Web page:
The Bricks and Mortar of Grief

Sep 01, 2019

It has been a week of intimately getting to know the bricks and mortar of grief.

My daughter has been with her Grandparents for a much-deserved break from “Grief Central” and Mama has been rolling up her sleeves and getting down to business.

This home feels like a museum showcasing a life that is no longer mine. I remember it viscerally, that other life. If I close my eyes, I am back there now. It is not time that separates me but rather something else.

The thing about death is that there is actual practical work involved, once a body has been emptied of a soul. There are taxes to do and clothing to sort. There are letters and notebooks and with this particular body there are drums and cymbals and shakers, there are so many shakers.

Our taxes tell a story. I sit on the floor of our bedroom crying over receipts for groceries up at the cottage or beers at a friend’s show. I hold each of his shirts in my arms and bury my face in them one last time. I felt his heart beat through this shirt. I pulled this shirt off of him as we laughed together and kissed. I watched his face grimace with pain as we struggled to get this shirt over his shoulders when the cancer was in his spine.

They smell like him. They smell like us. Like our togetherness. I will remember this smell for eternity. I have known this smell since forever.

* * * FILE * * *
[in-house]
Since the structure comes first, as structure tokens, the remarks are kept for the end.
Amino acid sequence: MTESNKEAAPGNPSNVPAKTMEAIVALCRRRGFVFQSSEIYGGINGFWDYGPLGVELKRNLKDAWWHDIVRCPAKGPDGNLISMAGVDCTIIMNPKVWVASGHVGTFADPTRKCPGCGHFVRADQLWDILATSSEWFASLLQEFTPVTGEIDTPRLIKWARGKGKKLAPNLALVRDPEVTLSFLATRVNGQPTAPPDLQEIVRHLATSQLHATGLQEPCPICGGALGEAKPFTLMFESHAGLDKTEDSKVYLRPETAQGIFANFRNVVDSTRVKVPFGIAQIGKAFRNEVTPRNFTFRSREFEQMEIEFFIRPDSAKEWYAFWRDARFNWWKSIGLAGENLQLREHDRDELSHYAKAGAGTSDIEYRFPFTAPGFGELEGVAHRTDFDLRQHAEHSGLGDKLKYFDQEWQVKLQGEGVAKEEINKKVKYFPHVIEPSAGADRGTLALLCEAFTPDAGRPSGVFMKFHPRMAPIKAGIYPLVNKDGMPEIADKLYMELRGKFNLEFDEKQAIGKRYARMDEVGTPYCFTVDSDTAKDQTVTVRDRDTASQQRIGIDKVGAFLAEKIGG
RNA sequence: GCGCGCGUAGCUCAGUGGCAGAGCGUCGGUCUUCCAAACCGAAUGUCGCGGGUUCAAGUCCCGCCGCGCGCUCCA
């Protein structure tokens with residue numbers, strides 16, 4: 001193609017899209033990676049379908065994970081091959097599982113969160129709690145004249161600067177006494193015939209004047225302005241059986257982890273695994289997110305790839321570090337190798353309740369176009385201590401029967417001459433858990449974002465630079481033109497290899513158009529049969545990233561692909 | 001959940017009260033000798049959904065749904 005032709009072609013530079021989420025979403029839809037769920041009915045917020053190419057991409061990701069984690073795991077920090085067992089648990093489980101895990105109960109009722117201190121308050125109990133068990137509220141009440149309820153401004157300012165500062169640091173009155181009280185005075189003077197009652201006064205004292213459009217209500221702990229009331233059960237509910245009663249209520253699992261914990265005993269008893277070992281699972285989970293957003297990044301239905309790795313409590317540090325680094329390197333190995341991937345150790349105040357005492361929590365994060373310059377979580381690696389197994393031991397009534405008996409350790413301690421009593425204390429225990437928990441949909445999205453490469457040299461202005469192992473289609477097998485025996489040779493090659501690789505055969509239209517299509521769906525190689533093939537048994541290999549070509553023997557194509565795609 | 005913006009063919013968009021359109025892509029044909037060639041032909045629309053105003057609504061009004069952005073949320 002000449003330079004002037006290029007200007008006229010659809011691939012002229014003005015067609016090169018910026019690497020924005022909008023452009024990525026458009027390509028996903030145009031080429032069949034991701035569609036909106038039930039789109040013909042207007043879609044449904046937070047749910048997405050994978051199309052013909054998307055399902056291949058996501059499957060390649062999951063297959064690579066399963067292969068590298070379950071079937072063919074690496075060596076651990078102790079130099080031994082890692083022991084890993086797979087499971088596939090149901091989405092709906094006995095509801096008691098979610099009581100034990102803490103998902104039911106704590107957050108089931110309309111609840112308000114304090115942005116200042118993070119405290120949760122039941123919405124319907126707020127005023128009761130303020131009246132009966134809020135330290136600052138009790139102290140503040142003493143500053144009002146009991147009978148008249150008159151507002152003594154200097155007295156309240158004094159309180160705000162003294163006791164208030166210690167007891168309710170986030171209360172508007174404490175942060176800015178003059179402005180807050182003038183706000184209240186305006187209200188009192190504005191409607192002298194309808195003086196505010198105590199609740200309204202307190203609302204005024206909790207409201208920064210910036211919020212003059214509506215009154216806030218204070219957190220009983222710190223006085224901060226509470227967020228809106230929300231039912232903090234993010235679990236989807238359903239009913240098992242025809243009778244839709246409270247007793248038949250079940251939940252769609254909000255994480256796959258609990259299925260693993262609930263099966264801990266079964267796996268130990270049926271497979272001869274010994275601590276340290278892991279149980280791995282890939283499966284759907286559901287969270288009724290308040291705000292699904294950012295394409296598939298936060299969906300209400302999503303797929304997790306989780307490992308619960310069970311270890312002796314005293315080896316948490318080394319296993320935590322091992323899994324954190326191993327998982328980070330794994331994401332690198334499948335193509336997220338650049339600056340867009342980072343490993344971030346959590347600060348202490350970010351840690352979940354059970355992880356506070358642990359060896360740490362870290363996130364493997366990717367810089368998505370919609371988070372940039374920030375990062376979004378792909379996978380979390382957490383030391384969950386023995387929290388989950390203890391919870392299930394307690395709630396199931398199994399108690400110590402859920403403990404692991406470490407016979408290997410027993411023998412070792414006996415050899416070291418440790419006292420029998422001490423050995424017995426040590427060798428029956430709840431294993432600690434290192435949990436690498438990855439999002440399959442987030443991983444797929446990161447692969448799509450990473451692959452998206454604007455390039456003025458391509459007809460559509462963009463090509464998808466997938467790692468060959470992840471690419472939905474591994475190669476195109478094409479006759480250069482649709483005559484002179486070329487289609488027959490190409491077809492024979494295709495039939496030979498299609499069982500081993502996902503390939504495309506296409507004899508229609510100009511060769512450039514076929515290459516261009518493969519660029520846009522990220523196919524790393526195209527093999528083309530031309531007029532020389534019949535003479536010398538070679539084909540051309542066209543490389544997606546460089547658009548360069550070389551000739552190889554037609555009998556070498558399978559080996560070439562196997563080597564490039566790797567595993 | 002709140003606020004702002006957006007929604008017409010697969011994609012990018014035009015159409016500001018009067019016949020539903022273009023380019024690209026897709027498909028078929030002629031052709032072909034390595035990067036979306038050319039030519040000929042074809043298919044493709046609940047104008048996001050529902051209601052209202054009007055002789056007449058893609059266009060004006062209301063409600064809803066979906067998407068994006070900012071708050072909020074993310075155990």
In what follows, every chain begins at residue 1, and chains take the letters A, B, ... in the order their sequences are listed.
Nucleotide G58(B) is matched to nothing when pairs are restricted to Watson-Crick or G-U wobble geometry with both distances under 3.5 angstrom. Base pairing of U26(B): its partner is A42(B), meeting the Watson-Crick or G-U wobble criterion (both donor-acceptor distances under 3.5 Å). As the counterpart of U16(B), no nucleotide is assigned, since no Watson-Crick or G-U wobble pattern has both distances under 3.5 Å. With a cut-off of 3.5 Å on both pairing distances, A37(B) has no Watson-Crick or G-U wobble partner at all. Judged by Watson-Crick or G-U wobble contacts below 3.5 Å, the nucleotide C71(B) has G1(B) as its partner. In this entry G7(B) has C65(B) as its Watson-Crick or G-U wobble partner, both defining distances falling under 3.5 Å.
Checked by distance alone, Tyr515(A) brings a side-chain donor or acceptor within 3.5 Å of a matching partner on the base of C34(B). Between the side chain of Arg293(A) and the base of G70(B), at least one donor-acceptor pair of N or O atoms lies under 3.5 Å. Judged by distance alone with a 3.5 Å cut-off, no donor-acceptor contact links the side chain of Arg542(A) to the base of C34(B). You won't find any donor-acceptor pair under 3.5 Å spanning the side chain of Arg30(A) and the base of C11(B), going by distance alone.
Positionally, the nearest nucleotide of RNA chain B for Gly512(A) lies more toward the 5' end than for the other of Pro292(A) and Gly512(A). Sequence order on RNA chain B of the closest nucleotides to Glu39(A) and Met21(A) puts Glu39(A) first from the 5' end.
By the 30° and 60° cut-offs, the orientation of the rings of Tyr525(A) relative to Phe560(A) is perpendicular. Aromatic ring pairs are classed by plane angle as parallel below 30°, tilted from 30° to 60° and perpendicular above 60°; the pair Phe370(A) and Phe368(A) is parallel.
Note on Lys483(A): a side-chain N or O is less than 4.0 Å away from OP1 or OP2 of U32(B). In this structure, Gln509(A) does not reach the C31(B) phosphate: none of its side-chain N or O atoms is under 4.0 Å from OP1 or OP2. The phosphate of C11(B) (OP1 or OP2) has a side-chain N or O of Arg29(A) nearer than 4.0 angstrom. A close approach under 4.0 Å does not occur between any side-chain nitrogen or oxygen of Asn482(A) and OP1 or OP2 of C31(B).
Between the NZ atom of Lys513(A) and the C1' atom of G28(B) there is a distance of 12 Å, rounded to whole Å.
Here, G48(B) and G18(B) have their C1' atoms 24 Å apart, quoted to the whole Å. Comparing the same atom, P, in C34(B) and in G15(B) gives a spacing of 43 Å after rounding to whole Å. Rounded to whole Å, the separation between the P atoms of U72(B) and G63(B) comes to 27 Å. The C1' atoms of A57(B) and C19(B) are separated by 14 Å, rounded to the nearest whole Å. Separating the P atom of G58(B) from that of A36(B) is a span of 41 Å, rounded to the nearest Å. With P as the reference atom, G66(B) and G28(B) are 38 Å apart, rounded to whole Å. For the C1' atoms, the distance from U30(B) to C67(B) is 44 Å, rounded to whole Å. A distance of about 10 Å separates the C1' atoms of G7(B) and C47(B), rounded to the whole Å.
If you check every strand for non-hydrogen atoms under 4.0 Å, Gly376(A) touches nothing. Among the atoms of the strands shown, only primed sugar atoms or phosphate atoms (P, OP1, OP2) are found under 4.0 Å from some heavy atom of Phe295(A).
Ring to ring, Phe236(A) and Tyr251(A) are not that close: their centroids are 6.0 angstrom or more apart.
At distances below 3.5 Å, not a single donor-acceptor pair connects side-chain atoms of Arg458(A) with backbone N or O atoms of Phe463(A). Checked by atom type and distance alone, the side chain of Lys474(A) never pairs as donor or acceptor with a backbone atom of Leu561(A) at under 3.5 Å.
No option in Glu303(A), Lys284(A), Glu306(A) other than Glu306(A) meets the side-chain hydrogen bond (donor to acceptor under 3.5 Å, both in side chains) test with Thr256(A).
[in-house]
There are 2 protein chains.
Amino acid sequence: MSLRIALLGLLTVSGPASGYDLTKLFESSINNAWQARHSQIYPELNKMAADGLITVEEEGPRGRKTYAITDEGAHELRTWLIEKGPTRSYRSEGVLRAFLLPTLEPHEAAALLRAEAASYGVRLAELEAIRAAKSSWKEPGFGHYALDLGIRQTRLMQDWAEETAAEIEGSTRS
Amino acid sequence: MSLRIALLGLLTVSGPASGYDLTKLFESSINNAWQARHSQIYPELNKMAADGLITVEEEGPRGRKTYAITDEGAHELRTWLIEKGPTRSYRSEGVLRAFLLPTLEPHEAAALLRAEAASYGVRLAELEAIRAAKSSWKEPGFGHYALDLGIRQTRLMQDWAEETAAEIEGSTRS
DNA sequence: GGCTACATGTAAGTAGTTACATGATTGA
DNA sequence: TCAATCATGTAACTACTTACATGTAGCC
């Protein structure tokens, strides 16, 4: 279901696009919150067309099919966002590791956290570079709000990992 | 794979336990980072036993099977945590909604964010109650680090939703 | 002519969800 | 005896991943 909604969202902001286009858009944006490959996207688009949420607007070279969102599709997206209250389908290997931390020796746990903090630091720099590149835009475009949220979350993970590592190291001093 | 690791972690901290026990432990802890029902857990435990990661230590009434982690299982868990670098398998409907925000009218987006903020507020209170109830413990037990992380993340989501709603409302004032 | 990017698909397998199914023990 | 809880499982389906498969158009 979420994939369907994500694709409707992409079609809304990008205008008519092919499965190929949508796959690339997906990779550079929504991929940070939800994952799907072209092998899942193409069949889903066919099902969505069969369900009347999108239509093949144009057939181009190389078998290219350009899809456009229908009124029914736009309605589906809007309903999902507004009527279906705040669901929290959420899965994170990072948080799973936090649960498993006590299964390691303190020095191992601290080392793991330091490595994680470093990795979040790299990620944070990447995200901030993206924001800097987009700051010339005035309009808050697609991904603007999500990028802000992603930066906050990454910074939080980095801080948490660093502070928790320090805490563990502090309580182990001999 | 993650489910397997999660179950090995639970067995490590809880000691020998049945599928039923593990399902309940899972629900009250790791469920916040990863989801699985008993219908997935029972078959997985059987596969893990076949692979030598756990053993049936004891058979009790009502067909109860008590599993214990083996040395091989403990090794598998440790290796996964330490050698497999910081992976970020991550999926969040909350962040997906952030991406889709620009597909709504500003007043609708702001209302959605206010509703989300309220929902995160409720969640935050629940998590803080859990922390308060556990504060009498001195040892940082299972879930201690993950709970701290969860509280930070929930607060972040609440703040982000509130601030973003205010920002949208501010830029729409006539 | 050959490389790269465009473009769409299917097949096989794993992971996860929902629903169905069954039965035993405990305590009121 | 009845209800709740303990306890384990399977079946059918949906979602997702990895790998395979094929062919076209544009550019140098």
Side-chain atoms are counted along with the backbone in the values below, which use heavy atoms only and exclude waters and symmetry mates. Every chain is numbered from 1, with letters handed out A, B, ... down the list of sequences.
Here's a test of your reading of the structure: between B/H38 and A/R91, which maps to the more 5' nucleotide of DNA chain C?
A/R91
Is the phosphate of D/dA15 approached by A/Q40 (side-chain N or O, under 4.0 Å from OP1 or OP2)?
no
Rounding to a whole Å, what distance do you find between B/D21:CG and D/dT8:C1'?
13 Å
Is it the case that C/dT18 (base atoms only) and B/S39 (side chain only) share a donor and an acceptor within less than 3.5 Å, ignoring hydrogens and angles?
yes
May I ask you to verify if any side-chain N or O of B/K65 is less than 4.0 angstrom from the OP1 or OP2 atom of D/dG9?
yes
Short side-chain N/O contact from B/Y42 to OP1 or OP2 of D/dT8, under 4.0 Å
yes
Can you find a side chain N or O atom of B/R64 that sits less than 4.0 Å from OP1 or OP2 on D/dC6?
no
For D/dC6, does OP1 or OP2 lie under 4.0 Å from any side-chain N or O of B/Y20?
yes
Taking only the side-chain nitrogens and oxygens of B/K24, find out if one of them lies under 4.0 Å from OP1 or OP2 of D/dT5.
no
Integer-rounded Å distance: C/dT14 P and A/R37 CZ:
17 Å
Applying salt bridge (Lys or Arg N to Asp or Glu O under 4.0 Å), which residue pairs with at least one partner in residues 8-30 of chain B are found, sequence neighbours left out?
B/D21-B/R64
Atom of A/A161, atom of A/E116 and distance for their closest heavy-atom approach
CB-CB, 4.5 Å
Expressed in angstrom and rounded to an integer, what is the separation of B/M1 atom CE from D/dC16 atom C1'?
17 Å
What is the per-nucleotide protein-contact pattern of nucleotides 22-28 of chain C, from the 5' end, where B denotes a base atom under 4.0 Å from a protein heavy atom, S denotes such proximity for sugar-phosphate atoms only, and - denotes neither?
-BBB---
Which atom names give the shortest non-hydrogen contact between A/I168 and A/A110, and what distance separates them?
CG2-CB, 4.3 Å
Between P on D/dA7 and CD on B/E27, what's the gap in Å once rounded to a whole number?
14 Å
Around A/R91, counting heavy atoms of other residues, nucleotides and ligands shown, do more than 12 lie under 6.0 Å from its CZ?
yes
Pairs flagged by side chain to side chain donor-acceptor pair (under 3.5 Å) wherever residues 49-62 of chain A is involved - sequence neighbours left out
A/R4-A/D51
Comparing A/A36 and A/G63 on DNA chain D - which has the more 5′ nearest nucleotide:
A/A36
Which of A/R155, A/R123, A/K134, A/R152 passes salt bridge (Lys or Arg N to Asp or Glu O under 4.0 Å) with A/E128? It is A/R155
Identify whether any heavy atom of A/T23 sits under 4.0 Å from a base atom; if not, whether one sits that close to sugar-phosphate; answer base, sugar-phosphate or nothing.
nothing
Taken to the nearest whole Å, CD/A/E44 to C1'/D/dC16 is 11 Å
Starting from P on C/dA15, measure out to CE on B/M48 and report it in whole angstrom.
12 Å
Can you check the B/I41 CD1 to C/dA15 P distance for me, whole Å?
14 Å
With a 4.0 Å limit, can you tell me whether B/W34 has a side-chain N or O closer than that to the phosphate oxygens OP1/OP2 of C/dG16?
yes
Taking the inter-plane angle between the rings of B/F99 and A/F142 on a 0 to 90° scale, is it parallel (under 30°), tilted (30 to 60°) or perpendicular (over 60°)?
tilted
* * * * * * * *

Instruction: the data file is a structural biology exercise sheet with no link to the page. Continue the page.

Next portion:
I listen to Fleetwood Mac’s “Rumours” and dance in my underwear, just as we did the first time I brought him up to my cottage. I close my eyes and I’m back there, freshly in love, rediscovering my soul mate, in bliss. I open them and Bri’s clothes are scattered all over our bedroom floor and I am alone.

I weave in and out of two worlds, the physical and the elsewhere, that place where I find Bri now. Here and there. Together and apart. But I must always come back here. My body stubbornly continues to function, despite often running low on food and sleep and being starved for physical connection.

These things that I touch are evidence of a life I loved. Shared laughter, secret words, rituals, food, a scent. I will honour that life for as long as I live. I will honour that life, as I build up another.

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